Murals of the Devi Kothi Temple in Chamba

in Module
Published on: 28 August 2019

Sarang Sharma

Sarang Sharma completed his masters in Art History from the Maharaja Sayajirao University of Baroda in 2017. He specialises in Islamic and Indian art with an emphasis on Mughal and Pahari painting traditions. At present, he is working as a Junior Research Assistant at Pundole's, Mumbai.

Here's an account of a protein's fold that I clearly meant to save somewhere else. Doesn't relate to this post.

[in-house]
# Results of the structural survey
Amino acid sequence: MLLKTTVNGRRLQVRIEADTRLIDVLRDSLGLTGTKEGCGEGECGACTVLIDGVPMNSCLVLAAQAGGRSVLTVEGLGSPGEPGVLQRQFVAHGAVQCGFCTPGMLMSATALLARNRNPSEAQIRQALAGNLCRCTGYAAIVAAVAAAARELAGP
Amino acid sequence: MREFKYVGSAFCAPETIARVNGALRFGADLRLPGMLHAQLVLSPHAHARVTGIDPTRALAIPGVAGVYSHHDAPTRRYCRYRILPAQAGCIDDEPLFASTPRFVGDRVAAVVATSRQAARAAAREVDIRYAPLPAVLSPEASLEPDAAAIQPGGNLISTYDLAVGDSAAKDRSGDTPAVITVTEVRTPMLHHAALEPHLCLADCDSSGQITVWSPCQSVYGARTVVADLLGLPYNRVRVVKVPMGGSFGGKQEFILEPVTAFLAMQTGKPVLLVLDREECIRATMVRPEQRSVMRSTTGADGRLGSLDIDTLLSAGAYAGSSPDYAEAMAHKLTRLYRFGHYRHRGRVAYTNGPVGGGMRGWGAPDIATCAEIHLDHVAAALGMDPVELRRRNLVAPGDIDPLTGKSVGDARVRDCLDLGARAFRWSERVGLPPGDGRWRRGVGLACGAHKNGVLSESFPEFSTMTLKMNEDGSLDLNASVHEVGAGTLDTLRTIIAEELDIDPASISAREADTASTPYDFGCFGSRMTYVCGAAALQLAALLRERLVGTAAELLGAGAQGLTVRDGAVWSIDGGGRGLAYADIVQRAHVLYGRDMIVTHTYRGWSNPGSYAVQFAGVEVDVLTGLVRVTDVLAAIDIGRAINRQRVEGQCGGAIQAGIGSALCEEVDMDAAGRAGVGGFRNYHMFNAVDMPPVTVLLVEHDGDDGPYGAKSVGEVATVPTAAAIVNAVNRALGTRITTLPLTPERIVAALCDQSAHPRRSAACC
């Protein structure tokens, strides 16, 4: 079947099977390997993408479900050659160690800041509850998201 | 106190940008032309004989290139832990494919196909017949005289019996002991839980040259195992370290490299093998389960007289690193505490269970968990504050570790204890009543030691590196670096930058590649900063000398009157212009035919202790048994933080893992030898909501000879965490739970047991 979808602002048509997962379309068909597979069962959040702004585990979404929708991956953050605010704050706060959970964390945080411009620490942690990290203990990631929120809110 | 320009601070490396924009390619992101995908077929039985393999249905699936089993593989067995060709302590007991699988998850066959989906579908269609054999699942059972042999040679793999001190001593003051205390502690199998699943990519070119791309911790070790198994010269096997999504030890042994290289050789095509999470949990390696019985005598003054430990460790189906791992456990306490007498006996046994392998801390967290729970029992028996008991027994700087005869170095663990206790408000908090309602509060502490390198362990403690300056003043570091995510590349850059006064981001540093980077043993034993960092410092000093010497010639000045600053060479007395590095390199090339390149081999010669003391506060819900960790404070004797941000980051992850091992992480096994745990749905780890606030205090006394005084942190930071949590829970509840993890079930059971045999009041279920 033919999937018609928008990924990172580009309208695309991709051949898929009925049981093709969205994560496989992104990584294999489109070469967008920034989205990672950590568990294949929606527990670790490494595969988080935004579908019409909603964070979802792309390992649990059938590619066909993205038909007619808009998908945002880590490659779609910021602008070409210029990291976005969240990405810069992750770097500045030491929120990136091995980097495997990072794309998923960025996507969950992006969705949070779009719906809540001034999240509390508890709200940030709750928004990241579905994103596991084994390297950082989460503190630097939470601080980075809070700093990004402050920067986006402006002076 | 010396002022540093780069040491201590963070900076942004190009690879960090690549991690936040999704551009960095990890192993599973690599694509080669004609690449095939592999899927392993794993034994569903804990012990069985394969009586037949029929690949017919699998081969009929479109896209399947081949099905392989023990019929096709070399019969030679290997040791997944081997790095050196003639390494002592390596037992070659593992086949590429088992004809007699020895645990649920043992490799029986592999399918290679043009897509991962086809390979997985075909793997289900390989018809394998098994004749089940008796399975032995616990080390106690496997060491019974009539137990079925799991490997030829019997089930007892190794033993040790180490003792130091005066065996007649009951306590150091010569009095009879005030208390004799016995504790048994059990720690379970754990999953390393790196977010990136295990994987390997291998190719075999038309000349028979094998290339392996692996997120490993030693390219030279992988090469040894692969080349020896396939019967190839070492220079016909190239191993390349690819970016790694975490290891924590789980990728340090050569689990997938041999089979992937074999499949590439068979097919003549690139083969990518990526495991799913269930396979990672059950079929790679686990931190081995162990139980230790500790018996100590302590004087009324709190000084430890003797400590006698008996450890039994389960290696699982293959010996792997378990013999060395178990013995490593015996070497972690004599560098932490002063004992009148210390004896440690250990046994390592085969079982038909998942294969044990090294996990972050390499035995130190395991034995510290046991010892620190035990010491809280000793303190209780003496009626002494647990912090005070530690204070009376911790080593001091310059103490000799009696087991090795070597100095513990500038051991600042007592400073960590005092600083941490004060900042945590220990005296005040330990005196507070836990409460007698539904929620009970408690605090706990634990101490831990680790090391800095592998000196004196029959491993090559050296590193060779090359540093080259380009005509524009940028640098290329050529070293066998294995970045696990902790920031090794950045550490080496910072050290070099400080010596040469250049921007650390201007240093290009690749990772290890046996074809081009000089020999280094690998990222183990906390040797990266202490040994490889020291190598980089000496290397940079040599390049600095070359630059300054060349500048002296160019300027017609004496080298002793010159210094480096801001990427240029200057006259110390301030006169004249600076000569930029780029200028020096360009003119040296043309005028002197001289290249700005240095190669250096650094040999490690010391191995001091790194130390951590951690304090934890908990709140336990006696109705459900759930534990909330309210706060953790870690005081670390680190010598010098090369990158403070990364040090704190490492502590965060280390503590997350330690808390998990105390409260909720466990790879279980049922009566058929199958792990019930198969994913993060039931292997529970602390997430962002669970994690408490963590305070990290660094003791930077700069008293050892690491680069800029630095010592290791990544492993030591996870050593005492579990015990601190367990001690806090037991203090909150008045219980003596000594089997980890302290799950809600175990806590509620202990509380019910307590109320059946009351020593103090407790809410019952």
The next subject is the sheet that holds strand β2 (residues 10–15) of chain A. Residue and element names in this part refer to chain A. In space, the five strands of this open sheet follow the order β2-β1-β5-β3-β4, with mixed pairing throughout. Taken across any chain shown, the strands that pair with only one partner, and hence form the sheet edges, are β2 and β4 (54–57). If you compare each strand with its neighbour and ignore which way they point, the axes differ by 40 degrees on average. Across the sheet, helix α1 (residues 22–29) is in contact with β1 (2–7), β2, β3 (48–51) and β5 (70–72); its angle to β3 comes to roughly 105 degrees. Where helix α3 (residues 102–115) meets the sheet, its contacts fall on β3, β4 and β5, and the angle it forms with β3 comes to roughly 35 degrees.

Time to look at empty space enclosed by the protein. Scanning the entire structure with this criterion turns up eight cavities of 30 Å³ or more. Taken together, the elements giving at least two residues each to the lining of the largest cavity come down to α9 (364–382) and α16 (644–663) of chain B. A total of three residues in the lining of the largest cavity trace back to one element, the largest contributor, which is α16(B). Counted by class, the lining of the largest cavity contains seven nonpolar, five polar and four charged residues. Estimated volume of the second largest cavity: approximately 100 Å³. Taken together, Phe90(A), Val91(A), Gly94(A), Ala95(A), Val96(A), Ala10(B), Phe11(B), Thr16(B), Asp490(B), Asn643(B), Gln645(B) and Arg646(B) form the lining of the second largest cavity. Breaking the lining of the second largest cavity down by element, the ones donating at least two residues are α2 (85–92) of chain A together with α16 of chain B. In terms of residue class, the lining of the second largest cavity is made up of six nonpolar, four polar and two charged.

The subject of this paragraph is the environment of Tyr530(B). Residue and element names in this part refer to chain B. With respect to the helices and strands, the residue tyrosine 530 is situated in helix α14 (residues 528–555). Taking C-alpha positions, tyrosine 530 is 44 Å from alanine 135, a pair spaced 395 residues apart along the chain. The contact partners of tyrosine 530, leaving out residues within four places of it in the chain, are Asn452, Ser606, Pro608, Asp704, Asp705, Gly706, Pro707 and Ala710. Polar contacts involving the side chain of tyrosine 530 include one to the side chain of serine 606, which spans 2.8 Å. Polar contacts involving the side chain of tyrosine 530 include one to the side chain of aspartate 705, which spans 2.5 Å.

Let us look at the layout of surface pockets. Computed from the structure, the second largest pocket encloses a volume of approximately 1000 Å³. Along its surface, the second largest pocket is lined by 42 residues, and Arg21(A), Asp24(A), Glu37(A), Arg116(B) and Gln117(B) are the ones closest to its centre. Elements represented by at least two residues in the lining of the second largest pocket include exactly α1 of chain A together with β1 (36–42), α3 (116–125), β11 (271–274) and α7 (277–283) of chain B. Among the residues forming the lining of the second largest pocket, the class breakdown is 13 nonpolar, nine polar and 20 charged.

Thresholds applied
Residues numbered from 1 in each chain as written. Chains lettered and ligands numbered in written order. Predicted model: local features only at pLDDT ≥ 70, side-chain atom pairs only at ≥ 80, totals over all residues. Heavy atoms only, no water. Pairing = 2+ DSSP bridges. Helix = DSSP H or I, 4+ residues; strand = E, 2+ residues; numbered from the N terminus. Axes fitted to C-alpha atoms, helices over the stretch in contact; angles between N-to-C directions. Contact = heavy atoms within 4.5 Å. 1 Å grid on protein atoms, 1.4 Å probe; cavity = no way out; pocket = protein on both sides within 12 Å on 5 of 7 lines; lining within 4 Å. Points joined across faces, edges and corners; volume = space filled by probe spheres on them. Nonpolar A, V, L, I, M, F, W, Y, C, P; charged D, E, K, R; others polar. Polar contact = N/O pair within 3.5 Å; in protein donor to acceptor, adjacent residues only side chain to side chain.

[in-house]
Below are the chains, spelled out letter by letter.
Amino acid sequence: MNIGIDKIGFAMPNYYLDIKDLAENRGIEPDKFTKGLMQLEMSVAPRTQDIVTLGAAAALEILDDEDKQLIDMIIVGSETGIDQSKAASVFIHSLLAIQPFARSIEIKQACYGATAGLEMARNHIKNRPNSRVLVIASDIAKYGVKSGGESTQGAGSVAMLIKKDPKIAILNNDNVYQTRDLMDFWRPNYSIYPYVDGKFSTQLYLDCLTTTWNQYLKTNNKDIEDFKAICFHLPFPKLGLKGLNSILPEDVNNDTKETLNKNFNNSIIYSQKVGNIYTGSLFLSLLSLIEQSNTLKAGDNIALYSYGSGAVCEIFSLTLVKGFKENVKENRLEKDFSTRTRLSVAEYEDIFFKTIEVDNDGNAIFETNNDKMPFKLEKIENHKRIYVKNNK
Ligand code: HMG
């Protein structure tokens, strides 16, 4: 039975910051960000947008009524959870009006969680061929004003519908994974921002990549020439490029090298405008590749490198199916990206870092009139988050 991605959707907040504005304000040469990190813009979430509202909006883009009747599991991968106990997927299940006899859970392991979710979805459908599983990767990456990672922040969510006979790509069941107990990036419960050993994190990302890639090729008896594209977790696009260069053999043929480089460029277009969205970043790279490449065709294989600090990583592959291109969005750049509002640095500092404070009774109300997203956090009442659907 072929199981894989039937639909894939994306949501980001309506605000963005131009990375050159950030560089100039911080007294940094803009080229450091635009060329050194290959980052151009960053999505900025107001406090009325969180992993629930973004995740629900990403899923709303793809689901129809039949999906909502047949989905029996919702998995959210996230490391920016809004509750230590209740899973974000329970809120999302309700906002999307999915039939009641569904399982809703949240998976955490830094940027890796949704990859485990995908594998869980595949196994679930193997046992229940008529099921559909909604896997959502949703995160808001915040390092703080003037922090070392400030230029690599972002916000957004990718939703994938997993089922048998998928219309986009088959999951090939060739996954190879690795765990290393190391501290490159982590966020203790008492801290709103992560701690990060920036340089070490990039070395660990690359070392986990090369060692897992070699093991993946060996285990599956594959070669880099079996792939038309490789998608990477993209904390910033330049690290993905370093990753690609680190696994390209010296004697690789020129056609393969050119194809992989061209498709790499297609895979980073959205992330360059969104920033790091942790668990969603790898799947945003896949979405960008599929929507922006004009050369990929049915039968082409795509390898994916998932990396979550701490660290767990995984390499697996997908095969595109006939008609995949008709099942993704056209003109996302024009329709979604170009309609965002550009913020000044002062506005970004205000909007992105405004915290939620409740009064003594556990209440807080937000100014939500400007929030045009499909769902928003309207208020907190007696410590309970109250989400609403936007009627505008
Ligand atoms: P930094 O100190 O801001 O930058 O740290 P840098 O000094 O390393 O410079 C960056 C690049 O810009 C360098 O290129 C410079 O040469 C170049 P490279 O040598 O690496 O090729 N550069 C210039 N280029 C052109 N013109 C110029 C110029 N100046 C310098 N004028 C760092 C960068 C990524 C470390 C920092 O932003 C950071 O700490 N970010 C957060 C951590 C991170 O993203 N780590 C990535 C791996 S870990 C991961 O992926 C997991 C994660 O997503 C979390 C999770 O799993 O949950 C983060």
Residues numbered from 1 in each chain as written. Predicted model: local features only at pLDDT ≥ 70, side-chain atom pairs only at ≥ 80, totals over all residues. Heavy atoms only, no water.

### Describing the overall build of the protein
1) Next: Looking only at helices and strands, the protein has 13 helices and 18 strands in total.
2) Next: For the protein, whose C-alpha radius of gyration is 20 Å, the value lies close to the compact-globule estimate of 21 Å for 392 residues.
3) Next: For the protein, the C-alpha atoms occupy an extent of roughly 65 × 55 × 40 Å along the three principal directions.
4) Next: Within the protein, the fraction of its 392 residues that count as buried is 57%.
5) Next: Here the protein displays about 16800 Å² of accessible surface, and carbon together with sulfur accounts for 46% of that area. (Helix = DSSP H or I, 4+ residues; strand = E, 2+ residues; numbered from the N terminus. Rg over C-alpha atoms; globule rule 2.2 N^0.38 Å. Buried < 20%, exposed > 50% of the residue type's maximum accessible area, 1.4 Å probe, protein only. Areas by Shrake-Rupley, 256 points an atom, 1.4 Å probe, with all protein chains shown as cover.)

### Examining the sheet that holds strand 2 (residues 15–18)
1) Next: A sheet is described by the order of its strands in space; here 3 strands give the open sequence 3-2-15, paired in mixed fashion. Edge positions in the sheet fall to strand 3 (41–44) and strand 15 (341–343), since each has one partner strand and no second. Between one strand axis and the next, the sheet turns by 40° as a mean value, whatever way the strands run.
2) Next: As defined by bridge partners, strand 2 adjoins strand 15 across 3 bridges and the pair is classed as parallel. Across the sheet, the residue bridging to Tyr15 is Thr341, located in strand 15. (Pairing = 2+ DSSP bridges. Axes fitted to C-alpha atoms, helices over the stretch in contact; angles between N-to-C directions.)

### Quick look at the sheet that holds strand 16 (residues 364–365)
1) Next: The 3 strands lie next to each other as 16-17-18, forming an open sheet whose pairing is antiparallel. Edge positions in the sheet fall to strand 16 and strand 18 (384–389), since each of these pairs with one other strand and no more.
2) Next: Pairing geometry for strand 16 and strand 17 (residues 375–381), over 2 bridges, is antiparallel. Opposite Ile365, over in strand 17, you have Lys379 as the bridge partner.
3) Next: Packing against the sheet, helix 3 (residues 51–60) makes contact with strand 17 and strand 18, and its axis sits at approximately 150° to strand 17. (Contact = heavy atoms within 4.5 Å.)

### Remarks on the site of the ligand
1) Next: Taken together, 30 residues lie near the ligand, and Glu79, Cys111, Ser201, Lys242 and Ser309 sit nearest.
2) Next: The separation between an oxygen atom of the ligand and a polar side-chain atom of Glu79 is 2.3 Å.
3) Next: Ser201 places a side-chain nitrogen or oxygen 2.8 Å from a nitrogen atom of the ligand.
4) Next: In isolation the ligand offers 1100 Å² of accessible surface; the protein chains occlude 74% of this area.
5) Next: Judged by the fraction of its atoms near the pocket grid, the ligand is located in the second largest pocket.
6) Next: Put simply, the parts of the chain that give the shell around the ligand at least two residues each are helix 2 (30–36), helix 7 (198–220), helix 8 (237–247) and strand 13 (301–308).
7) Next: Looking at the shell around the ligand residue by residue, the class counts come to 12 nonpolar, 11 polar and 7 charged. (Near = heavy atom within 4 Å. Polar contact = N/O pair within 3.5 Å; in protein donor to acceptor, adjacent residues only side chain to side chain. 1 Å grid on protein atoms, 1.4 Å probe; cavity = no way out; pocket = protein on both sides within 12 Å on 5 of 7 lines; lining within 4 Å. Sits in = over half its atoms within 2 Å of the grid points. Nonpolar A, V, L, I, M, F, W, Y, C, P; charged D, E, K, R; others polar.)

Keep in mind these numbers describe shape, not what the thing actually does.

The town of Chamba, located in the North-Western Himalayan region, was established in the eleventh century by Raja Sahilla of Varmana dynasty. The town holds a rich heritage of temple construction which dates back to the twelfth century. The temples of Chamba have attracted the attention of scholars since the times of J. Ph. Vogel and Hermann Goetz who provided an extensive body of literature on the temples of Chamba. The temple of Devi Kothi was built during the reign of Raja Umed Singh of Chamba (r. 1748–64) on the northern frontier of the kingdom. The temple is renowned for its murals and woodcarving which are influenced by the tradition of Chamba miniature painting. While the murals depict Devi and Krishna slaying several demons, the woodcarvings rendered on the ceiling portray several mythological and celestial beings whose physiognomies bear resemblances to the style of painting which was popular in the court of Chamba during that period. Several stylistic and iconographic impressions of miniature painting tradition can be observed on the murals and woodcarving in Devi Kothi temple. This module highlights the style, subject matter and iconography of the murals in Devi Kothi temple and traces the influence of imperial Mughal art on the painting tradition of Chamba.